NY Home Health Workers Report Personal Risks During COVID-19 Pandemic

By Lisa Rapaport

August 07, 2020

(Reuters Health) - Home health care workers in New York City report feeling invisible and at personal risk during the COVID-19 pandemic, a small study suggests.

Researchers performed a qualitative analysis of results from semi-structured interviews with 33 home health care workers in New York City between March and April of 2020. Participants' mean age was 47.6 years and all but one were women. Most were Black (64%) or Hispanic (18%).

Several themes emerged from interviews with these front-line essential workers, including participants' sense that they were at heightened risk for virus transmission, that they received inconsistent amounts of supplies, training, and information from home health agencies that employed them, that they relied on support from outside of these agencies, and that they felt forced to make challenging trade-offs between their work and personal responsibilities.

"We found that despite providing essential, day-to-day personal and medical care to older adults and those with chronic conditions, home health care workers generally felt invisible to society at large," said lead study author Dr. Madeline Sterling, an assistant professor of medicine in the Division of General Internal Medicine at Weill Cornell Medical College in New York City.

"They faced increased risks to their physical, mental and financial well-being during COVID-19, which exacerbated many of the inequities they face as a marginalized workforce," Dr. Sterling said by email.

Participants had a mean of 10.9 years of experience as home health workers and 22 (67%) had at least some college education.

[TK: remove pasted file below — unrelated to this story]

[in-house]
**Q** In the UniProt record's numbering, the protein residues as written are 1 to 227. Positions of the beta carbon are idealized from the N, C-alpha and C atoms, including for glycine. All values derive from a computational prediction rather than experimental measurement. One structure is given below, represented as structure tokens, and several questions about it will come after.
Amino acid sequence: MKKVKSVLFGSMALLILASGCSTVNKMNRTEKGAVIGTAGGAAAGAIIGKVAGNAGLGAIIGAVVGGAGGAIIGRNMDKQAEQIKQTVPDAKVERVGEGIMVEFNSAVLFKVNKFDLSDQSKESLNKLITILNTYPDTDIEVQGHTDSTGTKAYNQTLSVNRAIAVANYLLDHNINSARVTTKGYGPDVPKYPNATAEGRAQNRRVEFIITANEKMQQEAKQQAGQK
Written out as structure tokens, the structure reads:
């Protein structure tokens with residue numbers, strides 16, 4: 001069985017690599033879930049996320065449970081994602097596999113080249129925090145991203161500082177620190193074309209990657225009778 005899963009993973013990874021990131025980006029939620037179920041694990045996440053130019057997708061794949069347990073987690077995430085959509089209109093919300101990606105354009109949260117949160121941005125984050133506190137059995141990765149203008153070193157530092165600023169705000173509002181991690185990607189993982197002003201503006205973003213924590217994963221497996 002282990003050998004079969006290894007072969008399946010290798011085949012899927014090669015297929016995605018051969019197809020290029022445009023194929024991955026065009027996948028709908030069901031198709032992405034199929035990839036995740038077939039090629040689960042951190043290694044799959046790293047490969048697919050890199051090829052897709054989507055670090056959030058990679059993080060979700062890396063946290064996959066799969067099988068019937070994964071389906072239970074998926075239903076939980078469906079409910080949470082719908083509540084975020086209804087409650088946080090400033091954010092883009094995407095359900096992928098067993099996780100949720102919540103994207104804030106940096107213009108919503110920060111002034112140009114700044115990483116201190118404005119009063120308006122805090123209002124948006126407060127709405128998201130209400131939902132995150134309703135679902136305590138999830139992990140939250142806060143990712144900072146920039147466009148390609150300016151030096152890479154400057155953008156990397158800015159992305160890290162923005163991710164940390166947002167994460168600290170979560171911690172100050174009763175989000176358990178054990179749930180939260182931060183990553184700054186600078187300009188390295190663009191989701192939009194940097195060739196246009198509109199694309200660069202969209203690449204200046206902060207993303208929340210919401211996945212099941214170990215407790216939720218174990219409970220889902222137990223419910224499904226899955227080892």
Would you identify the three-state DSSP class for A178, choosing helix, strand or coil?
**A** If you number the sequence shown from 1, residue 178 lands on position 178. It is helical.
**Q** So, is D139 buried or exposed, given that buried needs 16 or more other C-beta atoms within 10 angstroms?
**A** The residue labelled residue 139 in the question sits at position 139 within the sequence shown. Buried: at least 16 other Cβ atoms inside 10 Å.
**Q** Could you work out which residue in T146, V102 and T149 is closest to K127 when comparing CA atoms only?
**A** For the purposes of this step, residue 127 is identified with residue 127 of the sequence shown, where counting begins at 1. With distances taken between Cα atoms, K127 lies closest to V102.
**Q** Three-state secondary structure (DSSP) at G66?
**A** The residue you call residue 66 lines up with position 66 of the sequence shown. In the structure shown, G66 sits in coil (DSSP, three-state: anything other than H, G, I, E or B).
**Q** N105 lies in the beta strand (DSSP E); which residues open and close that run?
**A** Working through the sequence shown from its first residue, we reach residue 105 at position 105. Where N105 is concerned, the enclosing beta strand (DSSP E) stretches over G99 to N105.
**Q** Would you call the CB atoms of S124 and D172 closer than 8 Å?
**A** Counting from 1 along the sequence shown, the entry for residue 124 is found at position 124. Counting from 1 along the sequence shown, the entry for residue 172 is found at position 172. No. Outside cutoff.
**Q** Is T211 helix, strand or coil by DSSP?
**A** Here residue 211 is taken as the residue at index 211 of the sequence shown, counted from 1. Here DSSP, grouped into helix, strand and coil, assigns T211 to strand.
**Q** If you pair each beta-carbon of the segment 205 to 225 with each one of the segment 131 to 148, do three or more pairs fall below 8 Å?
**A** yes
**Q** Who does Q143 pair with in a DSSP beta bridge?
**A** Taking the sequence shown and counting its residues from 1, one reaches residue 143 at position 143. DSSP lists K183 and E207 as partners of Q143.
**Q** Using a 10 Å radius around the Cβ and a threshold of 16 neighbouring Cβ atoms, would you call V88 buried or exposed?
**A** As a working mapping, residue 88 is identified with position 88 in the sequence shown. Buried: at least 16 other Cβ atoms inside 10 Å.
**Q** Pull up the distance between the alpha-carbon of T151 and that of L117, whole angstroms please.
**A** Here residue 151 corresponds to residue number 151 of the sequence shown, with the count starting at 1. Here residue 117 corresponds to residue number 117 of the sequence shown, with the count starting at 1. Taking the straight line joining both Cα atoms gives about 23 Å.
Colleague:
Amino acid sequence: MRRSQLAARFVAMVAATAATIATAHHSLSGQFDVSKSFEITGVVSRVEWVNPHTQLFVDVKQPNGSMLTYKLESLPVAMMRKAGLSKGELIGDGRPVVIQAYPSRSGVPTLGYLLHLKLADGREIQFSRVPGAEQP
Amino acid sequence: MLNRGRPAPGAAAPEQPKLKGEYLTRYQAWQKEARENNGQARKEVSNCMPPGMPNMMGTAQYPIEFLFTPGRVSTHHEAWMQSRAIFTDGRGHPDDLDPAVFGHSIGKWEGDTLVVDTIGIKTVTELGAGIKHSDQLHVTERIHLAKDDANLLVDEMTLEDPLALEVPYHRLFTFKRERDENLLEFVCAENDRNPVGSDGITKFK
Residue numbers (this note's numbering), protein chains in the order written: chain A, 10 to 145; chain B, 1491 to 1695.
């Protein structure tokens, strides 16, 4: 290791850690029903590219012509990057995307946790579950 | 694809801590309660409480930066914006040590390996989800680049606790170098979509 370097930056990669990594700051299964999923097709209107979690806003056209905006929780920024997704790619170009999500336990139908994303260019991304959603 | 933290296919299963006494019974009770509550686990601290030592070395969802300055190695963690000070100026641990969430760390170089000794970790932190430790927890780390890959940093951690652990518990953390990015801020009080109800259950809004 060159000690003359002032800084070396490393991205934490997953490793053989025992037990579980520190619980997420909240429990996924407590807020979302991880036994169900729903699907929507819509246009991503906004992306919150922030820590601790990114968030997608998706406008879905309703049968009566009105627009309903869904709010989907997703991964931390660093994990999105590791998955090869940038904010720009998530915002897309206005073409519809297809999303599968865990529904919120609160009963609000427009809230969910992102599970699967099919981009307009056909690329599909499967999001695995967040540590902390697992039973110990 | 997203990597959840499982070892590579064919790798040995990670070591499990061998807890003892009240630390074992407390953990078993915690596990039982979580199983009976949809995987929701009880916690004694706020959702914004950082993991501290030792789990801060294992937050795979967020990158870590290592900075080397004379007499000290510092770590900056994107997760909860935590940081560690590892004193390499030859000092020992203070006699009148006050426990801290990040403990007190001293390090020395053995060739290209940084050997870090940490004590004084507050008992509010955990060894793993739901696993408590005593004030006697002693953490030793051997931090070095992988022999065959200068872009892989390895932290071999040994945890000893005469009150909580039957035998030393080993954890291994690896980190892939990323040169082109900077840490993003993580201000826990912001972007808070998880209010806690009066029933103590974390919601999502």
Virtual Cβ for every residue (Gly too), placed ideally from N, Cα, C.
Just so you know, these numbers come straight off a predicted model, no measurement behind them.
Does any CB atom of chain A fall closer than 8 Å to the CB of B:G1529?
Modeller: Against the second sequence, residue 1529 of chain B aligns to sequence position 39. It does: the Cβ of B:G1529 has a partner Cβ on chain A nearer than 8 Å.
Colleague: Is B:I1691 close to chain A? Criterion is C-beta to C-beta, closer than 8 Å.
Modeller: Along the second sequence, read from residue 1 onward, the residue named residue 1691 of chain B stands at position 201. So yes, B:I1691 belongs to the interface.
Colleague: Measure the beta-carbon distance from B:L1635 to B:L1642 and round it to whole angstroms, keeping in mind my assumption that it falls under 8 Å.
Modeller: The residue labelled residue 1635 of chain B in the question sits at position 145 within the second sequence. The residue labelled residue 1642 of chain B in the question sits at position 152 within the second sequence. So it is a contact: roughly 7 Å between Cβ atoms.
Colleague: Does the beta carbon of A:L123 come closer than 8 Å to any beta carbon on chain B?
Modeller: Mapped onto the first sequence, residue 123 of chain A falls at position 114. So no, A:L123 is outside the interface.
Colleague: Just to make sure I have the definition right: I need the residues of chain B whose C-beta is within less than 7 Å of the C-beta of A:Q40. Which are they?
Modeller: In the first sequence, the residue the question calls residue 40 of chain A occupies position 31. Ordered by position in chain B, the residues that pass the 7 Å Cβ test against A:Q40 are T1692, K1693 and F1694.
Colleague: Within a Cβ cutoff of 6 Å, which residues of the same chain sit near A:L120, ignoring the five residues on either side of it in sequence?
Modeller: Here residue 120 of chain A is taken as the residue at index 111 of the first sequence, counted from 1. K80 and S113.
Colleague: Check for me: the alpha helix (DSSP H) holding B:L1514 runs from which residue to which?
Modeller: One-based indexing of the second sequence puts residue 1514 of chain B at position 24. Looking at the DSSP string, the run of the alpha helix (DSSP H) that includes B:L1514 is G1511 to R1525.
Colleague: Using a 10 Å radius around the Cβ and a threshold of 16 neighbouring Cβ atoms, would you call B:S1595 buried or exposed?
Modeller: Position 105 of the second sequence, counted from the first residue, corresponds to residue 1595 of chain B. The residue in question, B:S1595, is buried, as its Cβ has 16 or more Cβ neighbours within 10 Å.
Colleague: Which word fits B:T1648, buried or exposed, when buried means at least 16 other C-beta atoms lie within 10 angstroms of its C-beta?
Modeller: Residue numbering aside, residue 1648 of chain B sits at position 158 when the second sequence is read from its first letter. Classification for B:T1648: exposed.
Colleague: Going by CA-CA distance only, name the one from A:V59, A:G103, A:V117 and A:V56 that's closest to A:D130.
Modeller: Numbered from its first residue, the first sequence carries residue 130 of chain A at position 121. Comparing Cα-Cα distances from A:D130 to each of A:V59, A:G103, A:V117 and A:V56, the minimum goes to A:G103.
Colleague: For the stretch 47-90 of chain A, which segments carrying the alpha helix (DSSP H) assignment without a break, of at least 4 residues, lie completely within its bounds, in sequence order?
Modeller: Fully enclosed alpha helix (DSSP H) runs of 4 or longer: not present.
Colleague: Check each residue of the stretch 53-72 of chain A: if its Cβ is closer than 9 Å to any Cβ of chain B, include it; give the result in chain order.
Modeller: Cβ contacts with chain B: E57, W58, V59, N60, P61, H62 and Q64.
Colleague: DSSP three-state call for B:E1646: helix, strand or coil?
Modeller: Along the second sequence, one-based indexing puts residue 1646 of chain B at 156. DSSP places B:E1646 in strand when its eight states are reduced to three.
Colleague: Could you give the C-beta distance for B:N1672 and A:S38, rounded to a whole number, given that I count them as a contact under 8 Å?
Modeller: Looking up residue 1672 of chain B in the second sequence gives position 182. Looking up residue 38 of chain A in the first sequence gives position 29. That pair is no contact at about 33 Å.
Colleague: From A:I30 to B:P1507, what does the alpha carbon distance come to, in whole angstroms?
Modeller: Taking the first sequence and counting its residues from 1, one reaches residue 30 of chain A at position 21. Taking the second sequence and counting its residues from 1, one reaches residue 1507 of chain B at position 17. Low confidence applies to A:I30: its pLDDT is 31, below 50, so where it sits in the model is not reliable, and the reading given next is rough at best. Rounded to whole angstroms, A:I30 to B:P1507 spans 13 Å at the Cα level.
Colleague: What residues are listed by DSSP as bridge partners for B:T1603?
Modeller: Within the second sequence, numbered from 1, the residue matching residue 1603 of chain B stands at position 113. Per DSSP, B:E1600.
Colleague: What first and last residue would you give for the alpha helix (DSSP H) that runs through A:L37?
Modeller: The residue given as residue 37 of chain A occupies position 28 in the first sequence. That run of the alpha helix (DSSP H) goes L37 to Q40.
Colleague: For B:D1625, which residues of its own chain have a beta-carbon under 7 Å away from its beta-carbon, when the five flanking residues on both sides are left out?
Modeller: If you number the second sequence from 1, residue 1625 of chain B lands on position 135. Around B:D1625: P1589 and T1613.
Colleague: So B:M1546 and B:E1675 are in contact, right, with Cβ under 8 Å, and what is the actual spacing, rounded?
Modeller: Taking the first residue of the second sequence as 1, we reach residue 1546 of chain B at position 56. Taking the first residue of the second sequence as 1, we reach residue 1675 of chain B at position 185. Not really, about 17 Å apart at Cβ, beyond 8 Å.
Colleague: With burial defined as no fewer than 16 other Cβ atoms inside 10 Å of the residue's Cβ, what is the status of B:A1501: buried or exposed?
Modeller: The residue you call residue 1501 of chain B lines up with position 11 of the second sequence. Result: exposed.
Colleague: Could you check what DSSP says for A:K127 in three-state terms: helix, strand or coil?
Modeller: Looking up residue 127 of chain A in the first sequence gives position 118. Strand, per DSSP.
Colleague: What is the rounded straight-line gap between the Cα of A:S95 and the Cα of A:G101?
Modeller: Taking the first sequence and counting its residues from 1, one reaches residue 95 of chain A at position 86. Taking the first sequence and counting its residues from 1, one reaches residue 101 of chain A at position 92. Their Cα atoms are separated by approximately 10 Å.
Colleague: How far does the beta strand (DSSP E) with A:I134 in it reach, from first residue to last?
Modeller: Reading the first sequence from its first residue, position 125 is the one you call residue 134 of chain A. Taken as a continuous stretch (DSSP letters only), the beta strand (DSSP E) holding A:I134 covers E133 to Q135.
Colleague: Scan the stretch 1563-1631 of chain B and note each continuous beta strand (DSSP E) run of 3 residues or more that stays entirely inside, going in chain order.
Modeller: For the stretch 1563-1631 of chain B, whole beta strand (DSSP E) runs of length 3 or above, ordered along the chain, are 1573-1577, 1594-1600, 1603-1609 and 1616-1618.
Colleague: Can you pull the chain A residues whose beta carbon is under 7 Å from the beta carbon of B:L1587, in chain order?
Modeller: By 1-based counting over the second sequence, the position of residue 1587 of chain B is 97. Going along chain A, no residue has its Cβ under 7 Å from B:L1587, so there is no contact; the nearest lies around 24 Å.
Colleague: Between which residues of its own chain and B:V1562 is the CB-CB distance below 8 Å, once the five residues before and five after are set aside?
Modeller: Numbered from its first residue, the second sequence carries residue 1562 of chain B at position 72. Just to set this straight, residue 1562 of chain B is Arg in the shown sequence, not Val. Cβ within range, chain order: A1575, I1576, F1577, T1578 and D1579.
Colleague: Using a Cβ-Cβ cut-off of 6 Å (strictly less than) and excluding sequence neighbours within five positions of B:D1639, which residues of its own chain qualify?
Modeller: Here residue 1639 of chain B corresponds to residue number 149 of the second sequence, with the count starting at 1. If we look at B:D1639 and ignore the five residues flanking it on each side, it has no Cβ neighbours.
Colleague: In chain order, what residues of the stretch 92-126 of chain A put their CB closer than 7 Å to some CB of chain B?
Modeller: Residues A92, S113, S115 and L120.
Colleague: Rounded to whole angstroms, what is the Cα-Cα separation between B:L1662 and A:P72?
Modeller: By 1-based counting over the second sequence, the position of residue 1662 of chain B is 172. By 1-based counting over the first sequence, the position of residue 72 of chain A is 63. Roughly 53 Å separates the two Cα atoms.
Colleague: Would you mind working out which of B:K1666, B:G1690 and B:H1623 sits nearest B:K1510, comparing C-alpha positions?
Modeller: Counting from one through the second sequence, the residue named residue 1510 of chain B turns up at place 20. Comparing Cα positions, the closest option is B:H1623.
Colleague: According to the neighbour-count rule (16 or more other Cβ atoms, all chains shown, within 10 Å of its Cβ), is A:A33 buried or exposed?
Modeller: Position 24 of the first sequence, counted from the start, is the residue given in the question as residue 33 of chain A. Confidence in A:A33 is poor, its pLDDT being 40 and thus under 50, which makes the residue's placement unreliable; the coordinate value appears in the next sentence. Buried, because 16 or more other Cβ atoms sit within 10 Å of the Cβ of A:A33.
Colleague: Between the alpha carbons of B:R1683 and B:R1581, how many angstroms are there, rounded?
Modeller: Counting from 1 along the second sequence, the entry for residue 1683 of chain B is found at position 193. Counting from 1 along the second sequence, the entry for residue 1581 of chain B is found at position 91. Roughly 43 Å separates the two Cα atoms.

Four (12%) said they had been ill with confirmed or suspected COVID-19 infections during the study period and that they had stopped working as a result.

The majority of patients they cared for had multiple chronic conditions that made them high risk for COVID-19, and these conditions often had symptoms like a cough or shortness of breath that were similar to symptoms of COVID-19.

Home health workers worried that they might infect their home-bound patients, and often took on additional duties like getting groceries or going to the pharmacy to help patients avoid exposure to the virus in the community. Doing this, however, made home health workers feel that they took on added personal risk for contracting the virus, which they might spread to their own families or to their patients.

Workers often reported being one of many caregivers in patients' homes at once, adding to their concerns about infection.

Many workers also said agencies didn't provide adequate supplies of PPE, and that they bought these supplies themselves or got donations from family or friends to try to keep safe on the job. Often, they got more information about COVID-19 from Facebook or local news than from their employers.

Workers also felt conflicted about whether to keep caring for patients who contracted COVID-19, exposing themselves to the virus. And workers feared encounters with new patients during the pandemic because they didn't know what level of risk they might encounter with a new situation.

Beyond this, workers also said they struggled to balance the need to keep their jobs to maintain financial security against the risk of contracting COVID-19 at work.

Results from the small, qualitative study may not be generalizable to other home health workers, particularly outside of New York City, the study team notes in JAMA Internal Medicine.

Even so, the results highlight numerous challenges that might be experience both by paid home health care workers and by unpaid family caregivers helping house-bound patients during the pandemic, said Dr. Theresa Allison, co-author of an editorial accompanying the study and a professor in the division of geriatrics at the University of California San Francisco.

"The results are important for our home care workers, who from this study appear to be at high risk of contracting COVID-19, for the older adults they support, who have among the highest mortality rates, and for the entire health care system, because avoiding COVID-19 in high risk groups will reduce the number of people needing hospitals and emergency rooms," Dr. Allison said by email.

SOURCE: https://bit.ly/3fttxNr and https://bit.ly/30tE0Ei JAMA Internal Medicine, online August 4, 2020.

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